We found Imboden about four miles out on the turnpike, near an old Quaker church, to which position he had been gradually forced back by the enemy's infantry. My troops, as they arrived, had been ordered in front of the works to bivouac, and I immediately sent orders for them to move out on this road, at a redoubt about two miles from the city, as Imboden's command was driven back by vastly superior numbers. These brigades, with two pieces of artillery in the redoubt, arrested the progress of the enemy, and Ramseur's other brigade, and the part of Gordon's division which had arrived, took [375] position on the same line. The enemy opened a heavy fire of artillery on us, but, as night soon came on, he went into camp in our front.2

Upon my arrival at Lynchburg, orders had been given for the immediate return of the train for the rest of my infantry, and I expected it to arrive by the morning of the 18th, but it did not get to Lynchburg until late in the afternoon of that day. Hunter's force was considerably larger than mine would have been, had it all been up, and as it was of the utmost consequence to the army at Richmond that he should not get into Lynchburg, I did not feel justified in attacking him until I could do so with a fair prospect of success. I contented myself therefore with acting on the defensive on the 18th, throwing Breckenridge's infantry and a part of his artillery on the front line, while that adopted by General Hill was occupied by the dismounted cavalry and the irregular troops. During the day, there was artillery firing and skirmishing along the line, and, in the afternoon, an attack was made on our line, to the right of the turnpike, which was handsomely repulsed with considerable loss to the enemy. A demonstration of the enemy's cavalry on the Forest road was checked by part of Breckenridge's infantry under Wharton and McCausland's cavalry.

On the arrival of the cars from Richmond this day, Major Generals Elzey and Ransom reported for duty, the [376] former to command the infantry and dismounted cavalry of Breckenridge's command, and the latter to command the cavalry. The mounted cavalry consisted of the remnants of several brigades divided into two commands, one under Imboden, and the other under McCausland. It was badly mounted and armed, and its efficiency much impaired by the defeat at Piedmont, and the arduous service it had recently gone through.

As soon as the remainder of my infantry arrived by the railroad, though none of my artillery had gotten up, arrangements were made for attacking Hunter at daylight on the 19th, but some time after midnight it was discovered that he was moving, though it was not known whether he was retreating or moving so as to attack Lynchburg on the south where it was vulnerable, or to attempt to join Grant on the south side of James River. Pursuit could not, therefore, be made at once, as a mistake, if either of the last two objects had been contemplated, would have been fatal. At light, however, the pursuit commenced, the 2nd corps moving along the turnpike, over which it was discovered Hunter was retreating, and Elzey's command on the right, along the Forest road, while Ransom was ordered to move on the right of Elzey, with McCausland's cavalry, and endeavor to strike the enemy at Liberty or Peaks of Otter. Imboden, who was on the road from Lynchburg to Campbell CourtHouse to watch a body of the enemy's cavalry, which had moved in that direction the day before, was to have moved on the left towards Liberty, but orders did not reach him in time. The enemy's rear was overtaken at Liberty, twenty-five miles from Lynchburg, just before night, and driven through that place, after a brisk skirmish, by Ramseur's division. The day's march on the old turnpike, which was very rough, had been terrible. McCausland had taken the wrong road and did not reach Liberty until after the enemy had been driven through the town.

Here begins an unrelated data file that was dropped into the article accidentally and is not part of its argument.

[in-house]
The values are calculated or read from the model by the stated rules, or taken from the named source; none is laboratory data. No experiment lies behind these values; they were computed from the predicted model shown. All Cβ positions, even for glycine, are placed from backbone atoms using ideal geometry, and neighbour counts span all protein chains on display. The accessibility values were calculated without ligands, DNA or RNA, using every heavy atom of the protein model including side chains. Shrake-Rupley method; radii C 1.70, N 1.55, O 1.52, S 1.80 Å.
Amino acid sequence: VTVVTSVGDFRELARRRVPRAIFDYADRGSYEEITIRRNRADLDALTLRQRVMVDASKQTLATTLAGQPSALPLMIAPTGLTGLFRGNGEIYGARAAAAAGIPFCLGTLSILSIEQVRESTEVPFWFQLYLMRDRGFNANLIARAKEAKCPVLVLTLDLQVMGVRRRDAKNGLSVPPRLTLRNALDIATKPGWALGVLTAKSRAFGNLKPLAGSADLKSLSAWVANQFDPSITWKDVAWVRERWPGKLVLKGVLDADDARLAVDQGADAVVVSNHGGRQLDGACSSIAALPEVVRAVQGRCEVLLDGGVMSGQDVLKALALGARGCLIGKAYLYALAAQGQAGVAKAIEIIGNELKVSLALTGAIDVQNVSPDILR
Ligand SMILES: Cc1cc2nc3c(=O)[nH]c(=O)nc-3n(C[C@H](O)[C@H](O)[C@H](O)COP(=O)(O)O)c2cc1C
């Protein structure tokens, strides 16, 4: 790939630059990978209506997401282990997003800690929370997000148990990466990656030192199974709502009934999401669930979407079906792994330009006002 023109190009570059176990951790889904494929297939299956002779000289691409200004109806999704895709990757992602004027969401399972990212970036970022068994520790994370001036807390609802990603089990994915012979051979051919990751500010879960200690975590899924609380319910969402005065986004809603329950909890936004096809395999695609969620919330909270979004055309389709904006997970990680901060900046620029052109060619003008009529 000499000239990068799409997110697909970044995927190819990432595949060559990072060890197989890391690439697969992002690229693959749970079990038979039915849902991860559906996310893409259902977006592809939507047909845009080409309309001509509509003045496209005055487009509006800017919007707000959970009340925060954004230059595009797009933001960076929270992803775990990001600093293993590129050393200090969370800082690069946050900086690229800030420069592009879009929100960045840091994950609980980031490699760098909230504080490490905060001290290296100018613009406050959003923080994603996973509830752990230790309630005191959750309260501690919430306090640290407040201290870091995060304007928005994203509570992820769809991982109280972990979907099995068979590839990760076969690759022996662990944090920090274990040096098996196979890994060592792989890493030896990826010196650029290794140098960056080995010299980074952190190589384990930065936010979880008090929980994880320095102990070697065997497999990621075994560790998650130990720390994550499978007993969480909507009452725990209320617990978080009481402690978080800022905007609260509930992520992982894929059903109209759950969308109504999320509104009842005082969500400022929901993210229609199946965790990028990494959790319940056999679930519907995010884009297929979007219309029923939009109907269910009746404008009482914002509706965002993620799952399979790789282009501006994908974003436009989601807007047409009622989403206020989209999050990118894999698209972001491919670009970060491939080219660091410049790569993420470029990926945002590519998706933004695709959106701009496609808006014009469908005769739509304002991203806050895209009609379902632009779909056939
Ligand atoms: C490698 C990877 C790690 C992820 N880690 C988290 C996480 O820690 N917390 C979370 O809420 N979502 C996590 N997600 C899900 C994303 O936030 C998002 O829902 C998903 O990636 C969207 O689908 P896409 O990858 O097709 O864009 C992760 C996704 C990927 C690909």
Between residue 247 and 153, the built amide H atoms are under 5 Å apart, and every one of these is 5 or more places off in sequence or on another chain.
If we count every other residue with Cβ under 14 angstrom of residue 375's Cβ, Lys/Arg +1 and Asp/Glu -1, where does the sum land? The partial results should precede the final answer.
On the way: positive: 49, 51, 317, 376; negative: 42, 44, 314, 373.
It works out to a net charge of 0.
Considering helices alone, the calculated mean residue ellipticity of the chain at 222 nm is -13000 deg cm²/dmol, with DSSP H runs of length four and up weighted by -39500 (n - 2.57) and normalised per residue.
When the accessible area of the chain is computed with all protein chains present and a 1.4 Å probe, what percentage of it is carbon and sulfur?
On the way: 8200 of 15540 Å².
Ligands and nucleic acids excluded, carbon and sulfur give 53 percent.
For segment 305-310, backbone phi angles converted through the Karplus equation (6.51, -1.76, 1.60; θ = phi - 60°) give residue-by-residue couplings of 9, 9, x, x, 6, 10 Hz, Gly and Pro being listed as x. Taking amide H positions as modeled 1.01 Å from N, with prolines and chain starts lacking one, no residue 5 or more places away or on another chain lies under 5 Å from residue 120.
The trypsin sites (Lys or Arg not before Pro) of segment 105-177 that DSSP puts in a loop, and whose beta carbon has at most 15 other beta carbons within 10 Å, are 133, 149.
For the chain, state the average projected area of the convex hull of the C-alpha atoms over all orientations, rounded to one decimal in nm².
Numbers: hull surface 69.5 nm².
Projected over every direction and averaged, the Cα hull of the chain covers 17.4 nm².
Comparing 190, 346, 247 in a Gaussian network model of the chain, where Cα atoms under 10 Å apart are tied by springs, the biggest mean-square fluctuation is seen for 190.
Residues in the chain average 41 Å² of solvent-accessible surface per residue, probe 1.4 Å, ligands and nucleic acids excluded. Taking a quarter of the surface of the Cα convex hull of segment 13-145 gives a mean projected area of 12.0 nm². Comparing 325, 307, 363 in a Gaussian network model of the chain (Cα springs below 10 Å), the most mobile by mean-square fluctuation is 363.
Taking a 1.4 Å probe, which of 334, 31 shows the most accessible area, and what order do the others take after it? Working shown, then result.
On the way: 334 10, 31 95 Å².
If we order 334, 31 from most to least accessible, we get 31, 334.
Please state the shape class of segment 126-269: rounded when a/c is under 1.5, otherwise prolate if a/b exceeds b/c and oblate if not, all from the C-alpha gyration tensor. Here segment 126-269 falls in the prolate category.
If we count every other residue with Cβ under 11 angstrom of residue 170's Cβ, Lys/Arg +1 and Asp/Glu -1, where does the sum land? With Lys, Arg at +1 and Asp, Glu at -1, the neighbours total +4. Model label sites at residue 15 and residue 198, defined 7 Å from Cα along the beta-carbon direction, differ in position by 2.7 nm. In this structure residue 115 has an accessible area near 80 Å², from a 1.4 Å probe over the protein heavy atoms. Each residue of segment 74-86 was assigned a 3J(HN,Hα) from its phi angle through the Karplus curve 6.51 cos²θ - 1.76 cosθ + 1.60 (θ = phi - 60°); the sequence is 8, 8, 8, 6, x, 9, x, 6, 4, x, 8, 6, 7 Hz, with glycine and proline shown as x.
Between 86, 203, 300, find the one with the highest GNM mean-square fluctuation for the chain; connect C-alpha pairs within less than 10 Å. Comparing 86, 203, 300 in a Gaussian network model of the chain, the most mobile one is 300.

It was here ascertained that Hunter had not retreated [377] on the route by the Peaks of Otter, over which he had advanced, but had taken the road to Buford's depot, at the foot of the Blue Ridge, which would enable him to go either by Salem, Fincastle or Buchanan. Ransom was, therefore, ordered to take the route, next day, by the Peaks of Otter, and endeavor to intercept the enemy should he move by Buchanan or Fincastle. The pursuit was resumed early on the morning of the 20th, and upon our arrival in sight of Buford's, the enemy's rear guard was seen going into the mountain on the road towards Salem. As this left the road to Buchanan open, my aide, Lieutenant Pitzer, was sent across the mountain to that place, with orders for Ransom to move for Salem. Lieutenant Pitzer was also instructed to ride all night and send instructions, by courier from Fincastle, and telegraph from Salem, to have the road through the mountains to Lewisburg and Southwestern Virginia blockaded. The enemy was pursued into the mountains at Buford's Gap, but he had taken possession of the crest of the Blue Ridge, and put batteries in position commanding a gorge, through which the road passes, where it was impossible for a regiment to move in line. I had endeavored to ascertain if there was another way across the mountain by which I could get around the enemy, but all men, except the old ones, had gotten out of the way, and the latter, as well as the women and children, were in such a state of distress and alarm, that no reliable information could be obtained from them. We tried to throw forces up the sides of the mountains to get at the enemy, but they were so rugged that night came on before anything could be accomplished, and we had to desist, though not until a very late hour in the night.